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Author Topic: How much pollen patties or substitute  (Read 1082 times)
Kev
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« on: March 25, 2008, 08:15:23 PM »

Among you northern beekeepers who are still hoping for warm weather, who is supplementing with pollen or pollen substitute?

And how are you determining how much to give a hive?

kev
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Brian D. Bray
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« Reply #1 on: March 25, 2008, 08:27:10 PM »

I'm still hoping for some consitant weather in 50 degree or above range--right now its hovering in the mid 40's.  The bees are working, bringing back pollen and nectar.  Some of  the pollen loads on the bees are the largest I've seen in years.  My bees are also have not been taking the syrup from internal feeders so I went back to my communal feeder.   The brood nests are slowly enlarging and 1 hive has even begun to draw new comb. 

As long as the bees bring in pollen I don't feed patties, I'm only feeding syrup to get them started and once they've gone through what I've made up I will stop and let nature run its course. 

In nearly 50 years of beekeeping I've feed patties twice, 2 consectutive springs, and decided it was money down the drain as every hive was bringing sufficient pollen for their needs and ignored the patties both years.
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kathyp
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« Reply #2 on: March 25, 2008, 08:40:20 PM »

i am.  we are getting one day in 5 that the bees fly.  snow tonight.  i put 1/2 a patty on each hive and replace as needed.  on hive is really eating them down.  two have been slower.   with the new hives i have not had a chance to check.  until it warms a bit and they are flying consistently, i'll feed them.  i also have syrup on all hives and they are taking it.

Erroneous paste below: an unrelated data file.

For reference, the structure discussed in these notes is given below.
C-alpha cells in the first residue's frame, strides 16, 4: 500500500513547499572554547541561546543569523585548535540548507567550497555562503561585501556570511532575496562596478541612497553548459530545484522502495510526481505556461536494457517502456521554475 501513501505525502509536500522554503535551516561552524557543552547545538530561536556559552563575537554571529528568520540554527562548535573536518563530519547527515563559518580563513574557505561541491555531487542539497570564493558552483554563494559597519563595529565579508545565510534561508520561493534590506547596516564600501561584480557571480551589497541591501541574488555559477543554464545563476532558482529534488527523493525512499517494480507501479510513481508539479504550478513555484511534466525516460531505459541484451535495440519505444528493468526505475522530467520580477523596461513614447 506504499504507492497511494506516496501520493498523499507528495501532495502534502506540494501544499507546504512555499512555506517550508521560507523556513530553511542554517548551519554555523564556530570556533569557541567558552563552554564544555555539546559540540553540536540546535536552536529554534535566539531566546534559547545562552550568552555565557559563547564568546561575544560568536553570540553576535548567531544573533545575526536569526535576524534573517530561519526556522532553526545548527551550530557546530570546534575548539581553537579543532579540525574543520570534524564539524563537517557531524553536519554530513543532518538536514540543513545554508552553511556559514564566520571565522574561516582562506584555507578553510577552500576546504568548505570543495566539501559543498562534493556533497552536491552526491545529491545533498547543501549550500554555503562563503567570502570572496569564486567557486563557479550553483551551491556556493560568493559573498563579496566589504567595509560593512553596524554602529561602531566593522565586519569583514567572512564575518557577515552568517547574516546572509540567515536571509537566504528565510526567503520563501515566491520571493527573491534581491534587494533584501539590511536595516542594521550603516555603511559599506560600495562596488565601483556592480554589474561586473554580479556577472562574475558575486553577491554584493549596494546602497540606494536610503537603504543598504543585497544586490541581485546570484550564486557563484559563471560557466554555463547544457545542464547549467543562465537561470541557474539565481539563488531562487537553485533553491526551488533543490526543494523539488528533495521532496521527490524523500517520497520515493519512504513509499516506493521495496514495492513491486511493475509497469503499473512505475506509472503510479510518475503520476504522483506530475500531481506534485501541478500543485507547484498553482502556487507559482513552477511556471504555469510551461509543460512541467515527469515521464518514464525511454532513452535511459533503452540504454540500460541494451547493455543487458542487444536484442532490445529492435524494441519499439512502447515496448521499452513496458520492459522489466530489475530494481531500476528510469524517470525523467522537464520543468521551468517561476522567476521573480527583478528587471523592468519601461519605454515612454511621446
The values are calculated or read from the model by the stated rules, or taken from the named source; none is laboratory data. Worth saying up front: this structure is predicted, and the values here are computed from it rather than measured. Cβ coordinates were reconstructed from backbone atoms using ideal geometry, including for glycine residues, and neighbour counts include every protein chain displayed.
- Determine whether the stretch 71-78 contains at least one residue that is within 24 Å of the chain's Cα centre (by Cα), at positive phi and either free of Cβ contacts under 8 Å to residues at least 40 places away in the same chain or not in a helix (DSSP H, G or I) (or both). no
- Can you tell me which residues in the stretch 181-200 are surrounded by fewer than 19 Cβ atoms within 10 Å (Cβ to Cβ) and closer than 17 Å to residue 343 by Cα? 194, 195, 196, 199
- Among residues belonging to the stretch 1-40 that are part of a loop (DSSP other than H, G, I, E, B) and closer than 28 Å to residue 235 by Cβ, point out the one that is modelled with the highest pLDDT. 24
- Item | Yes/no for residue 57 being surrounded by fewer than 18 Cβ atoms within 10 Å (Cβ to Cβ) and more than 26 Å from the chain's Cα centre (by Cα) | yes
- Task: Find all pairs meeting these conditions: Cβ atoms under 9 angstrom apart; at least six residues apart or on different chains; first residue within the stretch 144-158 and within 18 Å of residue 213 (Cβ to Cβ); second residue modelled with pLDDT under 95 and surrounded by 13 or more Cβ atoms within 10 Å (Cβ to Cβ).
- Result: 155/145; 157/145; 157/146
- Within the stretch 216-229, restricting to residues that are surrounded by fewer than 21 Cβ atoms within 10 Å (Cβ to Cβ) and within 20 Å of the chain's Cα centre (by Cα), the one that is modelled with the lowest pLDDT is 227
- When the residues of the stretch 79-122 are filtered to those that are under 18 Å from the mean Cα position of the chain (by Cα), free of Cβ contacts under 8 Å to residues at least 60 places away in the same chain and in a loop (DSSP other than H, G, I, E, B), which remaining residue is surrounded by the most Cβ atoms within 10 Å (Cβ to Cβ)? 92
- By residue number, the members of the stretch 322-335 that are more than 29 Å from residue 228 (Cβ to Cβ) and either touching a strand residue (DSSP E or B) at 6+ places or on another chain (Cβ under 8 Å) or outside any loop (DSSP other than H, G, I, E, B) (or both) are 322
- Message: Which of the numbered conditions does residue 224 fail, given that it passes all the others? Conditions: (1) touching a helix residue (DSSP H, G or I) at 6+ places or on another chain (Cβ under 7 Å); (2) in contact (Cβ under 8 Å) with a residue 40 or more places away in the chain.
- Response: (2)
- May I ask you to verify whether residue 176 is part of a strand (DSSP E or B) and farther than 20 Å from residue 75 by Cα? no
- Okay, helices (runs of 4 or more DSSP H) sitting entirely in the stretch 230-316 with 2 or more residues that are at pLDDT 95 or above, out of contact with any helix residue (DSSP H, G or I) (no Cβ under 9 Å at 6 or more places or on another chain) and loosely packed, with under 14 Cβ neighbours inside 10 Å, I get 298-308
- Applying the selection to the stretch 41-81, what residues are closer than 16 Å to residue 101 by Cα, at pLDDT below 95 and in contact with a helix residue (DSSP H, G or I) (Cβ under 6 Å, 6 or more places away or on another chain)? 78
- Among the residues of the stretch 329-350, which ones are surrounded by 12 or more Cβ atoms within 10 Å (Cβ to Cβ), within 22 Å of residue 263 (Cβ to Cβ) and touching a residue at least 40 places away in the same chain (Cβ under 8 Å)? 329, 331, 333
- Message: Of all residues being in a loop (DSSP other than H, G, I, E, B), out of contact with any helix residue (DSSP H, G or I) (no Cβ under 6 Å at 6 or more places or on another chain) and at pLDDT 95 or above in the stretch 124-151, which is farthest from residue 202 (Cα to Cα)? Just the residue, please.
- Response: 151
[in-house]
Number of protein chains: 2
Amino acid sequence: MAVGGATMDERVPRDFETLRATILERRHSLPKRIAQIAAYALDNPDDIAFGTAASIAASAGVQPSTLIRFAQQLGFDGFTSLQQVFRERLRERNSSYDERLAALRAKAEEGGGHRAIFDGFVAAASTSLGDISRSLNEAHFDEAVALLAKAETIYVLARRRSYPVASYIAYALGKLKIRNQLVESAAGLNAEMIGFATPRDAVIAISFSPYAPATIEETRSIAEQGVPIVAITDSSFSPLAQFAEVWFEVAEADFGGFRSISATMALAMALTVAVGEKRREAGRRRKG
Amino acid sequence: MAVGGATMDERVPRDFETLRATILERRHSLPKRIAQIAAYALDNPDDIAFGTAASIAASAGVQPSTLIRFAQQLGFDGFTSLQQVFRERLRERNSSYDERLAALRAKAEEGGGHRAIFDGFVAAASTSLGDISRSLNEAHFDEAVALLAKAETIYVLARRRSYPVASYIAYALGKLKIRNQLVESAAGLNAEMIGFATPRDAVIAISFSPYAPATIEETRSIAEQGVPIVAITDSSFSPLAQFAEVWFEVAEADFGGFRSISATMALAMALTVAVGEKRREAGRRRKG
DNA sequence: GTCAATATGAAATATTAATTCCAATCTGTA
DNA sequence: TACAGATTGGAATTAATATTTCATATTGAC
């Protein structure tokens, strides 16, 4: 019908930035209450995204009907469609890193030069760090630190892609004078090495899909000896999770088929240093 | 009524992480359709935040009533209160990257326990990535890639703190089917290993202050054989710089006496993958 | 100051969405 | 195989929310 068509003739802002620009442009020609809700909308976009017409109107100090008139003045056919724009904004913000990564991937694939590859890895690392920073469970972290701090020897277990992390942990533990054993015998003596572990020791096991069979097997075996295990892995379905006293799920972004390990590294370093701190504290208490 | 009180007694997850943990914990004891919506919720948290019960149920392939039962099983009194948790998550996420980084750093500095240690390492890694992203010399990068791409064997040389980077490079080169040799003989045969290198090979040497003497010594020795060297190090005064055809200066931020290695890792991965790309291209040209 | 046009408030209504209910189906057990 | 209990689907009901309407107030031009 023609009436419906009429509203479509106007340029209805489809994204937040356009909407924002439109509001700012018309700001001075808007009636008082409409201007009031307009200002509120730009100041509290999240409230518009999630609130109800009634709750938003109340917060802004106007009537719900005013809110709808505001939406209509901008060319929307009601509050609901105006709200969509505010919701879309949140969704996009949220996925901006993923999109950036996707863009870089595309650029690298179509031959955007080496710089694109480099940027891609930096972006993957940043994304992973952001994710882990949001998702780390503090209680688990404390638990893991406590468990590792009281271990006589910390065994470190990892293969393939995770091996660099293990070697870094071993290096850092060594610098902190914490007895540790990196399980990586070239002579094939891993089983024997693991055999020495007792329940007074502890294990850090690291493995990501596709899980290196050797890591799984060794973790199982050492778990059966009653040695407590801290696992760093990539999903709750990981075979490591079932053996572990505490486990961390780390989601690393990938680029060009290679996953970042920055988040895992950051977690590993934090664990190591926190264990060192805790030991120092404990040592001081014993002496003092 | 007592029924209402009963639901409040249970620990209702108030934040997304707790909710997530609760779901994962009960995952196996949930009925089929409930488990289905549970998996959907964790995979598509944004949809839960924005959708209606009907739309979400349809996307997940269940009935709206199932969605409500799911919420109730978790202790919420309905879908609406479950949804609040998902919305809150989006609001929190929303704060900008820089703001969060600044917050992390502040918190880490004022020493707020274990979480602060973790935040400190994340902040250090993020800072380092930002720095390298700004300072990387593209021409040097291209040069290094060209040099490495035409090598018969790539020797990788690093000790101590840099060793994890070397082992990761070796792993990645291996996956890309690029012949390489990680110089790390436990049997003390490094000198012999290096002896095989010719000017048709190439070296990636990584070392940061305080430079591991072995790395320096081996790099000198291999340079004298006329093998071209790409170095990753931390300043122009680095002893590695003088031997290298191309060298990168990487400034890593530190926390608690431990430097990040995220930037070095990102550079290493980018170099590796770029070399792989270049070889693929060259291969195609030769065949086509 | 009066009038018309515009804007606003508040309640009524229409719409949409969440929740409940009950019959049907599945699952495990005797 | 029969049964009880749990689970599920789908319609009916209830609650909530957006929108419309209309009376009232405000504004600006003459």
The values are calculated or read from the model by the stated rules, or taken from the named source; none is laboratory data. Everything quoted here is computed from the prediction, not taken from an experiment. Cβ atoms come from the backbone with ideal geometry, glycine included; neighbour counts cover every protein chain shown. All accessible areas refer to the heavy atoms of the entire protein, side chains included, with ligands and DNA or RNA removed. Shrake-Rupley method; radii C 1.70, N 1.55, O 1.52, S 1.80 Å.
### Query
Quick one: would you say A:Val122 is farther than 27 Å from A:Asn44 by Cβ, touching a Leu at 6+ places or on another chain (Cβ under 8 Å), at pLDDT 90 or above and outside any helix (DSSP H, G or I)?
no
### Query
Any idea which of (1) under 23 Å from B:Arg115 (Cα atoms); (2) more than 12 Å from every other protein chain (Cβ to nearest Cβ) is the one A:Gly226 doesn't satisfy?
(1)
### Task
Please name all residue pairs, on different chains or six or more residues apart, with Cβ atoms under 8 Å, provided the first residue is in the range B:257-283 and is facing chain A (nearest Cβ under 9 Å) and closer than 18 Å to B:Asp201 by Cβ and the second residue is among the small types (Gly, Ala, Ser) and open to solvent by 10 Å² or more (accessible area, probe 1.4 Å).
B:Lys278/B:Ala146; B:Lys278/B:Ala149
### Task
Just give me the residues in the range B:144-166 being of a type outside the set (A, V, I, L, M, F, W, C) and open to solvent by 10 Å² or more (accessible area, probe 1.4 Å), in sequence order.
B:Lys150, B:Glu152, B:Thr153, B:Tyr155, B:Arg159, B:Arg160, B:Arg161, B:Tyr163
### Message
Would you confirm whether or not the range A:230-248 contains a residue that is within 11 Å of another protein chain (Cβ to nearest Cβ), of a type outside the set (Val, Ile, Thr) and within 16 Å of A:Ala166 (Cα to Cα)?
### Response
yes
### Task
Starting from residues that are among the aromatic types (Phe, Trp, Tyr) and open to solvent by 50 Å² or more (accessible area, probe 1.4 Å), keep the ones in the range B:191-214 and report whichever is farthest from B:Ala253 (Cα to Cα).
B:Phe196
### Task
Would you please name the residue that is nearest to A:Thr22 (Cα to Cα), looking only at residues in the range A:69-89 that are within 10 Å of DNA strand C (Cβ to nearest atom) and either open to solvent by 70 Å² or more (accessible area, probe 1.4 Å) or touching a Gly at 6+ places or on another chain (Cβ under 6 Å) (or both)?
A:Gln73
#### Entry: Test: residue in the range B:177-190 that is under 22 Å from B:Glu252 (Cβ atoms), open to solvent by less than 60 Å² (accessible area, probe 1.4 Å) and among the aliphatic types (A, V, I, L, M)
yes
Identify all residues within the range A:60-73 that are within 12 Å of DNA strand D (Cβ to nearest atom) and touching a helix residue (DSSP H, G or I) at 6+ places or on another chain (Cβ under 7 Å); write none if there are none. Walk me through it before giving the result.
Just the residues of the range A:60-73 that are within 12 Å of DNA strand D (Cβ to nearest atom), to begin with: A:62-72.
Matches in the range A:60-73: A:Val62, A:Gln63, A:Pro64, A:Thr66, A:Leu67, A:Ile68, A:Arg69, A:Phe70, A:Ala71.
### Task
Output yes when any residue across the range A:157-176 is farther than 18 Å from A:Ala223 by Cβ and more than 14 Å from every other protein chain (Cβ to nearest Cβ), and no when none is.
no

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Michael Bush
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« Reply #3 on: March 25, 2008, 08:56:57 PM »

I put real pollen, dry, in an empty box on a solid bottom board with a lid and open feed.
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Joseph Clemens
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« Reply #4 on: March 26, 2008, 12:34:46 AM »

I stopped feeding pollen supplement since the Winter rains we received this past season has inspired good bloom of many wildflowers that we only see when the weather cooperates, as it has this time. I am continuing to feed pollen patties, not supplement, to my cell builder colony. Plenty of build-up pollen and nectar -- the days are now in the 80's and it only drops to about 50F at night.
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Kev
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« Reply #5 on: March 27, 2008, 08:30:41 PM »

i am.  we are getting one day in 5 that the bees fly.  snow tonight.  i put 1/2 a patty on each hive and replace as needed.  on hive is really eating them down.  two have been slower.   with the new hives i have not had a chance to check.  until it warms a bit and they are flying consistently, i'll feed them.  i also have syrup on all hives and they are taking it.

Sounds like your weather is like mine. Snow tonight, here, too.

kev
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vabeeguy
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« Reply #6 on: March 29, 2008, 09:15:59 AM »

It's been a fairly warm winter here in Virginia. I put pancake size pollen patties on in the first week in February (1 in each hive) and was able to feed sugar water. As soon as the peaches and bradford pears started blooming here (mid march) the sugar water stopped, supers went on and I noticed almost all of the patties were gone, and I had boxes exploding with bees. I had to open up the hive entrances a bit to allow for the conjestion from loaded down bees, but I do still have the screened bottom boards sealed off.
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Moonshae
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« Reply #7 on: March 30, 2008, 09:04:20 PM »

I put on a patty at the first 50+ degree day in Feb, then check every two weeks or every 50 degree day after that, until I see they're bringing in pollen of their own. I'd be hesitant to supply pollen if there aren't abundant honey stores still in the hive, though. No point having a larger population going into the nectar flow if the bees can't support the population to get there.
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